Sharing the Cost: An Example of Private-Public Partnership


This past week in Waterville, while the fading sun of a warmer than normal October day still lit the bottom of Main Street, the last remnants of the old Levine’s department store came down to make way for a new 48 bed boutique hotel and restaurant.

Welcome to the renaissance of Waterville.

The new hotel, along with a new student residence hall and rehabbed office space readying to house 200 high tech jobs for Massachusetts based firm Collaborative Consulting are the results of an announcement one year ago from Colby College president David Greene that the Waterville based school would be investing $20 million in our downtown in new taxable development.

For a city still recovering from the mill closures of the 1990’s and transitioning to the new economy of the 21st century, the news could not have been more well received.

As a private nonprofit, Colby College is a tax exempt holder of very highly valued real estate in the city. Over the last decade as good paying jobs declined and property tax burdens shifted to fewer and fewer payers, large and affluent nonprofits such as colleges and hospitals have become targets for municipal taxpayers all over the state of Maine. Rightfully, taxpayers question the use of so many resources including public works, police and fire that are put into these institutions while struggling home and business owners pay for the services through a regressive property tax.

The nonprofit debate often comes down to an “us versus them” conversation. Fortunately, President Greene came to Waterville and started a dialogue with the city, understanding that Waterville and Colby’s future, success or fail, is together. When working to attract new professors, students, doctors, directors and other talent, nonprofits need Waterville to be a vibrant and economically self-sustaining community.

Of course, not all nonprofits have large multi-million dollar endowments. Many are small shoe-string operations that provide critical services such as adoption and mental healthcare services. Still, we cannot overlook our mutual reliance on each other and that includes the needs of struggling taxpayers.

Since last year, the City of Waterville, Colby College, and other nonprofit leaders and community stakeholders have come together to map out a vision of investment and revitalization that has become the greatest undertaking of the city since the 1960’s. This has spawned additional investment that has already resulted in a burgeoning commercial real estate market, new small business growth and Collaborative Consulting not only announcing 200 good paying high-tech jobs, but also a collaboration with Thomas College to help create tomorrow’s skilled workforce. Private investment in several of our buildings has allowed for an extension of Waterville’s downtown Historic District.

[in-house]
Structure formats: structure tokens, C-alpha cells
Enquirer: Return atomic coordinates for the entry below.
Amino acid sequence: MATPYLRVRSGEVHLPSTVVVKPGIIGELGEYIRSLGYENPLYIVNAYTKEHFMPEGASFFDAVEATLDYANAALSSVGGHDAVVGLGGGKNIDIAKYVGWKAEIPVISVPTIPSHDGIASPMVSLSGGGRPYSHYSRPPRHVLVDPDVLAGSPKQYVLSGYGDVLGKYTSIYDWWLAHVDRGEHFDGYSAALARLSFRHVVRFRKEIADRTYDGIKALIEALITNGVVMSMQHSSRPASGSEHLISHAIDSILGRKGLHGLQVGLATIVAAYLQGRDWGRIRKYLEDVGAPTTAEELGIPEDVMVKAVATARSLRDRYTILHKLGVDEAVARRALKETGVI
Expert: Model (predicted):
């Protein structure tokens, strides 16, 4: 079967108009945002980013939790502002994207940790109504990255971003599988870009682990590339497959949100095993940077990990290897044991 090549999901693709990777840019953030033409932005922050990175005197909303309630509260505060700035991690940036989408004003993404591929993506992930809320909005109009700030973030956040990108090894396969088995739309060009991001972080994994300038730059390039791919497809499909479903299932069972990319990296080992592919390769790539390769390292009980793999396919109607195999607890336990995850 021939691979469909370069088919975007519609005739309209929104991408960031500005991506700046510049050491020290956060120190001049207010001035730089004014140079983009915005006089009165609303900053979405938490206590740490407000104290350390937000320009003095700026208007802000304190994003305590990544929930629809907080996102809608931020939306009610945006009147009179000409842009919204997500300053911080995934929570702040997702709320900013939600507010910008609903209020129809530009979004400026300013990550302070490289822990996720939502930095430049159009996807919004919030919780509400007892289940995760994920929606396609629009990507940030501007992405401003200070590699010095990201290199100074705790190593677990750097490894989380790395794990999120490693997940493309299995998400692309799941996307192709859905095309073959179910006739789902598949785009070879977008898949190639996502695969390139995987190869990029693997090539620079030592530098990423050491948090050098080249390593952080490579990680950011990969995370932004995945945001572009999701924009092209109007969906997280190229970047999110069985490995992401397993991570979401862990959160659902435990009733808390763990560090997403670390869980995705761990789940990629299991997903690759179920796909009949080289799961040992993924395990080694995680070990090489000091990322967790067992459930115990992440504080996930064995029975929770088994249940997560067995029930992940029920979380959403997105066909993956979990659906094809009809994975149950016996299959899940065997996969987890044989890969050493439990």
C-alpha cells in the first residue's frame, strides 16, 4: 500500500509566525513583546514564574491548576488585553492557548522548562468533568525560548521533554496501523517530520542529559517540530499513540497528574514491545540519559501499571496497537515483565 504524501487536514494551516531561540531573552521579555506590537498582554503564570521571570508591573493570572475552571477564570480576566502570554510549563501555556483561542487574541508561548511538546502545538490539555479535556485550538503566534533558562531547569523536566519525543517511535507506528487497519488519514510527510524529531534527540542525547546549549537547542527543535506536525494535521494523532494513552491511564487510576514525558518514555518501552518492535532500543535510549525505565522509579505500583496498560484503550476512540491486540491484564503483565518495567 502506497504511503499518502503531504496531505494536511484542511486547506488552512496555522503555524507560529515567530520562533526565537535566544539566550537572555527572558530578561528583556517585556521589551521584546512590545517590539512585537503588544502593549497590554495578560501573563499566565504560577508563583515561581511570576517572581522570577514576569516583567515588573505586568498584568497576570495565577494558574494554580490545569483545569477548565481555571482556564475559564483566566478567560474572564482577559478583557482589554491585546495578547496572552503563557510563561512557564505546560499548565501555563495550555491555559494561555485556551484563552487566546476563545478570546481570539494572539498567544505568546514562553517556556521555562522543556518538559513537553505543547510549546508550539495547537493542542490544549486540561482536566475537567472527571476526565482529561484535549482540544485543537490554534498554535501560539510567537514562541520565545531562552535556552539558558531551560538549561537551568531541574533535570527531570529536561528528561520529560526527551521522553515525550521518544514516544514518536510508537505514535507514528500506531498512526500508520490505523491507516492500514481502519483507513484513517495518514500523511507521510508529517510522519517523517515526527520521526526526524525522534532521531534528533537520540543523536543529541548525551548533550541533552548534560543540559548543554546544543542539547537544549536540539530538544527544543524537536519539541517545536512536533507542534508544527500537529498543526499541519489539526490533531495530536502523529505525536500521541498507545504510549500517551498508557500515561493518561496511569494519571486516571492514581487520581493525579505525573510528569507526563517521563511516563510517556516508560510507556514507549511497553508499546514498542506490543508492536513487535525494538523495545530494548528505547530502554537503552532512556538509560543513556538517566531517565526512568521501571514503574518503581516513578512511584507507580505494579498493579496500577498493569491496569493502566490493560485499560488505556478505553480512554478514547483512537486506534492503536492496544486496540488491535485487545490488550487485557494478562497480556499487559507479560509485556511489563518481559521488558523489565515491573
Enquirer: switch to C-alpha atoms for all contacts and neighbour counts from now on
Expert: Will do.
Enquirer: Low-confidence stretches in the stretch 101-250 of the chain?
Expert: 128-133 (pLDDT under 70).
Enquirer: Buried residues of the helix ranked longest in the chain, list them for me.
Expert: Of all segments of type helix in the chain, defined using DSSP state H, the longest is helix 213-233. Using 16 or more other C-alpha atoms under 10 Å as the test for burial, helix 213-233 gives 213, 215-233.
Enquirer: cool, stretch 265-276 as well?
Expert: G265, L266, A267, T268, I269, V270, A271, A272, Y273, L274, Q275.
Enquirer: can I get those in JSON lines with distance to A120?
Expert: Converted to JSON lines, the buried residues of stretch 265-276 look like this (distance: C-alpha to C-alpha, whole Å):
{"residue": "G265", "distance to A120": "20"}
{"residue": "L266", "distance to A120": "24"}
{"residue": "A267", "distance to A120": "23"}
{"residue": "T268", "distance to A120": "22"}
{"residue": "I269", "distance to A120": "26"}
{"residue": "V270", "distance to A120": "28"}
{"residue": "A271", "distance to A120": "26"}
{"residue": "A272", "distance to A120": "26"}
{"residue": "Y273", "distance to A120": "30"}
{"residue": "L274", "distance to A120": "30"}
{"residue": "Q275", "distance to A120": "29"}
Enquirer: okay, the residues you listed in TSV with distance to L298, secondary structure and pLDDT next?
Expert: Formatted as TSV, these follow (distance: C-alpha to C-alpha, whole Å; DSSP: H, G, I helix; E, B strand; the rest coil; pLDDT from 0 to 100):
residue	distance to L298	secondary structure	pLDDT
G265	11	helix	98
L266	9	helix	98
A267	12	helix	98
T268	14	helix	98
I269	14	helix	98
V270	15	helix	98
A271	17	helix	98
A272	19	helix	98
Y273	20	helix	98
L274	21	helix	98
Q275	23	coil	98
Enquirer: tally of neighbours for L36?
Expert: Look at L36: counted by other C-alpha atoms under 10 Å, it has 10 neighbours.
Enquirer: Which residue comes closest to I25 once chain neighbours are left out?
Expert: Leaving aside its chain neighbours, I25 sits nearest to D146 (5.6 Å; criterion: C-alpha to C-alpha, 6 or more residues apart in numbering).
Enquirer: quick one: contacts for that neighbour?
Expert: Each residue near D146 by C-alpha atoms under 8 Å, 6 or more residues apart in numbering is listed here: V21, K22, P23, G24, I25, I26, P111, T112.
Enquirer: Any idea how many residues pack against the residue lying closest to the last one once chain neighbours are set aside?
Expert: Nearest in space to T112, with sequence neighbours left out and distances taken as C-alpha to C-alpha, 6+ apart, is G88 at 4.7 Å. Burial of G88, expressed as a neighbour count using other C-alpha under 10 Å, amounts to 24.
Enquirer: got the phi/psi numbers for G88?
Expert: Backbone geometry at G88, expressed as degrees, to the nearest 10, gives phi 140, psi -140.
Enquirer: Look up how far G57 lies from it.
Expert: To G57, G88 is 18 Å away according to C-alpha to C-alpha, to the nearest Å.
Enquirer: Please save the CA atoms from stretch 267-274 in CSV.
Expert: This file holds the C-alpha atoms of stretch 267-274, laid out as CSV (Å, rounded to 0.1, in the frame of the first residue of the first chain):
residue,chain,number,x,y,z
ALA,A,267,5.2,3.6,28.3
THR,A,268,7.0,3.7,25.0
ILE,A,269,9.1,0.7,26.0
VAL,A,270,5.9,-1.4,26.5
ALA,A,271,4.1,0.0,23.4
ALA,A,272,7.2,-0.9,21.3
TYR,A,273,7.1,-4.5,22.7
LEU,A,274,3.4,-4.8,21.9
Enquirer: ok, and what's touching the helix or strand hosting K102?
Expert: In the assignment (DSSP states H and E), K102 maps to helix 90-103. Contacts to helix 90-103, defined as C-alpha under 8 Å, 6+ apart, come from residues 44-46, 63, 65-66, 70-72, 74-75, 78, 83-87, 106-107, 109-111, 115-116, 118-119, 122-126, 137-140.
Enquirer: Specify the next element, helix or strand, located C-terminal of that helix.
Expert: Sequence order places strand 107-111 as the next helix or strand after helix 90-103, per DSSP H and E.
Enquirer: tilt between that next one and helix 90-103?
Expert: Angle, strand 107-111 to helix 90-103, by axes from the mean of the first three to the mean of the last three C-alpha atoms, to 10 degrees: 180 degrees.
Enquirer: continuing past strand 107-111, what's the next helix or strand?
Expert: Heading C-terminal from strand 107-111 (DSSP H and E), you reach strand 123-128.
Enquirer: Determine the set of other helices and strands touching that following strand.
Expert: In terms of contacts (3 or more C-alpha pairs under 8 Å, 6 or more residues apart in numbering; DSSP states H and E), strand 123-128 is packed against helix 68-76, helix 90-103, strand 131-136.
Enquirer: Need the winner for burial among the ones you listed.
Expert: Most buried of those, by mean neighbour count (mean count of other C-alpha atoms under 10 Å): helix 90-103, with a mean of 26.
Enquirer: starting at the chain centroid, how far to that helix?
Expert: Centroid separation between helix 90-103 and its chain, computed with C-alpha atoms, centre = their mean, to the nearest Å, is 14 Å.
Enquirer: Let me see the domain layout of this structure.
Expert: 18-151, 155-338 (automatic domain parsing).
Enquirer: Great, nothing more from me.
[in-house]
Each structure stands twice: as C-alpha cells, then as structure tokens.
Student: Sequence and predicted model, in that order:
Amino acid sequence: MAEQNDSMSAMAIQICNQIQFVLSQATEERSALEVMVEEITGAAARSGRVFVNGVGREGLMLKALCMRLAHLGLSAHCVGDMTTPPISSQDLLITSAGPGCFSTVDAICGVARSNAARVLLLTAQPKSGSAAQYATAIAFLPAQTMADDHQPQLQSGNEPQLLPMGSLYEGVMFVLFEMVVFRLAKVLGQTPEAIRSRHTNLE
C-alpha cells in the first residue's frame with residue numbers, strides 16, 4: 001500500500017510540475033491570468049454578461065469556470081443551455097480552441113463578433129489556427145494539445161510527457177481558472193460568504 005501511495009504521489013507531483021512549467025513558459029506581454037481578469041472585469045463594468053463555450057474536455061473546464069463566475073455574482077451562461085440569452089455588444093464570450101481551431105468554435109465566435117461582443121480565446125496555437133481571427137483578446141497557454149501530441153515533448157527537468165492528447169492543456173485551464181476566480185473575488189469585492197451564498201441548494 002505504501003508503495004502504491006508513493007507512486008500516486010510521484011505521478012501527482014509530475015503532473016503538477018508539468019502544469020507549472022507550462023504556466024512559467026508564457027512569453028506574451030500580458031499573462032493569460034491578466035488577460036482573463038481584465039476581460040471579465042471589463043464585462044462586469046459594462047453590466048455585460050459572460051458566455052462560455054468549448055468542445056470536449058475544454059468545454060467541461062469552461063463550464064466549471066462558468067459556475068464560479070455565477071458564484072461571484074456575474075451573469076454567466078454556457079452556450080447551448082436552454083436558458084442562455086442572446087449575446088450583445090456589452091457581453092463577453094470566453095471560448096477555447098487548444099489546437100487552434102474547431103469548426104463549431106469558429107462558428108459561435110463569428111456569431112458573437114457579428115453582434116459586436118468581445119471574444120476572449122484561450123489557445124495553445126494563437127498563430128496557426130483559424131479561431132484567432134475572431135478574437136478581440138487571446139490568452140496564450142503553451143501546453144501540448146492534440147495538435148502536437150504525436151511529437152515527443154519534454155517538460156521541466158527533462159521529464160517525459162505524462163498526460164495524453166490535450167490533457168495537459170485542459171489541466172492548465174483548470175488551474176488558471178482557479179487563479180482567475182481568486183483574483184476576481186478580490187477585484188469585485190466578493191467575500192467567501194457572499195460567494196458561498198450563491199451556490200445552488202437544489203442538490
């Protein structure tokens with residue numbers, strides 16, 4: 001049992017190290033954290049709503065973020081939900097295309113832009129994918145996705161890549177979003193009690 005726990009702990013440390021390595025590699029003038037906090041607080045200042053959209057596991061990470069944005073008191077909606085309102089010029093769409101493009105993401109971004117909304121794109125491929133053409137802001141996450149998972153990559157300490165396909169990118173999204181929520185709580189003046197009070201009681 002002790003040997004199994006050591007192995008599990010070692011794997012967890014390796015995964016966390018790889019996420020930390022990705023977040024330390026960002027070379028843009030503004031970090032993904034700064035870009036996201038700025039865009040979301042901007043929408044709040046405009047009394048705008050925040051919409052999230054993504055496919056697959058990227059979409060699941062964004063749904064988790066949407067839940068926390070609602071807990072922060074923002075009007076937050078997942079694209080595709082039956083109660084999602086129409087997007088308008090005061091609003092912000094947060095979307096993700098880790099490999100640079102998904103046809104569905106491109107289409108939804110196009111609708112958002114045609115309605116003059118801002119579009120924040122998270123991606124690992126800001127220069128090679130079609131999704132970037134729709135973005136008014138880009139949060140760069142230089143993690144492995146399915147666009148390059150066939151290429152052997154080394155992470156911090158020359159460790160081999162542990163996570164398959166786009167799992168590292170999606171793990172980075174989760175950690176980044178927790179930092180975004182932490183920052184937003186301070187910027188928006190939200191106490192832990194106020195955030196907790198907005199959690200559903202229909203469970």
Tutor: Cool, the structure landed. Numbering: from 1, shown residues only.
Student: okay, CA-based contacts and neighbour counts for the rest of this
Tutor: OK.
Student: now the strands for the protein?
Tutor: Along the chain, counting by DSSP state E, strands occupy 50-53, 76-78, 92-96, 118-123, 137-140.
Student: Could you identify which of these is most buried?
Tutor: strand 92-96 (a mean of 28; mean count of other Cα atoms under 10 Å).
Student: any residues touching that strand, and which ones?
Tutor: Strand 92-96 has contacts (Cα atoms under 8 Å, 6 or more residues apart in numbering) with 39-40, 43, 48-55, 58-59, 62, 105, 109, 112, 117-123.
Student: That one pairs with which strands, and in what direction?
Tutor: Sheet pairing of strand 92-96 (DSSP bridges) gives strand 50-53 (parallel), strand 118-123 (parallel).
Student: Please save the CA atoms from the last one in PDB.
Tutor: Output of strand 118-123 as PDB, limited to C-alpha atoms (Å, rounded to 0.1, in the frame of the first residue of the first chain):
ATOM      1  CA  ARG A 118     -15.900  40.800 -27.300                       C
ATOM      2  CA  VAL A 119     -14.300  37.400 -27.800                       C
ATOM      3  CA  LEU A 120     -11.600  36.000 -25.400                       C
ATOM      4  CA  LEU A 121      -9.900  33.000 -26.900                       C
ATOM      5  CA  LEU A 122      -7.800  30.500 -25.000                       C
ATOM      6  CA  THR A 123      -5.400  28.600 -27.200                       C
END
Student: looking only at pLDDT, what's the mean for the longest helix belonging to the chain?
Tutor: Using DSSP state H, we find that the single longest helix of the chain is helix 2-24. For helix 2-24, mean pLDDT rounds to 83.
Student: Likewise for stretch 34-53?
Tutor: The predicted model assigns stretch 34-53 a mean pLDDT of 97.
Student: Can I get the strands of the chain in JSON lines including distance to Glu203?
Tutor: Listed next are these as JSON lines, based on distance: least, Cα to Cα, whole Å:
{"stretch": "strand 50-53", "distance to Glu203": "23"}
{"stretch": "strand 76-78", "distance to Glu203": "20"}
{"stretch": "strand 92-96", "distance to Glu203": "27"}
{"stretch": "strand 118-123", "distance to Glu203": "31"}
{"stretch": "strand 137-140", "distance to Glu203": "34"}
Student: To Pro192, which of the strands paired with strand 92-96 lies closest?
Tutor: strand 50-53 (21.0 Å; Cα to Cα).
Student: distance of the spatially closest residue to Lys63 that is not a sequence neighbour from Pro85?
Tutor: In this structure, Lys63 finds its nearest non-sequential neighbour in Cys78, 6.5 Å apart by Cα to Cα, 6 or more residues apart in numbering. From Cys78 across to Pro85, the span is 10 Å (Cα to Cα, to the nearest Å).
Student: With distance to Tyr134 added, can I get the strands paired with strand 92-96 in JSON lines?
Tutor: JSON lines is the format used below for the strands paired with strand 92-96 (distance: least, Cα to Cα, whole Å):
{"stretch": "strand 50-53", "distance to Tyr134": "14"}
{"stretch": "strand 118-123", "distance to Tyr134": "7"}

Currently, the City of Waterville has partnered with Colby College and the Maine Department of Transportation to study and build a strategic plan for redesigning traffic flow and parking for both current and future development.

As the former Levine’s department store comes down, those of us who remember Waterville’s past are sad to say goodbye to a piece of our history, no matter how dilapidated the building might have been. Out of the ashes of the past century however, a new era for Waterville has begun. It seems fitting too, as Colby president David Greene stated recently that “the passion of Pacy and Ludy Levine for Colby and their unending generosity to Colby students are themes of stories I hear over and over again.”

A century ago, when Colby College was at its own turning point, the City of Waterville and its generous people came to the rescue and purchased the land that Colby now calls home. Today, Colby College is returning the favor.

Nonprofits and municipalities have a long history of relying on each other for a mutually shared success. Nonprofits should not take for granted the high cost to municipalities for the services provided by the tax payers where they reside. The question of services and taxation is not going away and they need to find a way to be part of the solution to their local economies.

The partnership between Colby College and the City of Waterville is a great example of how to do this.



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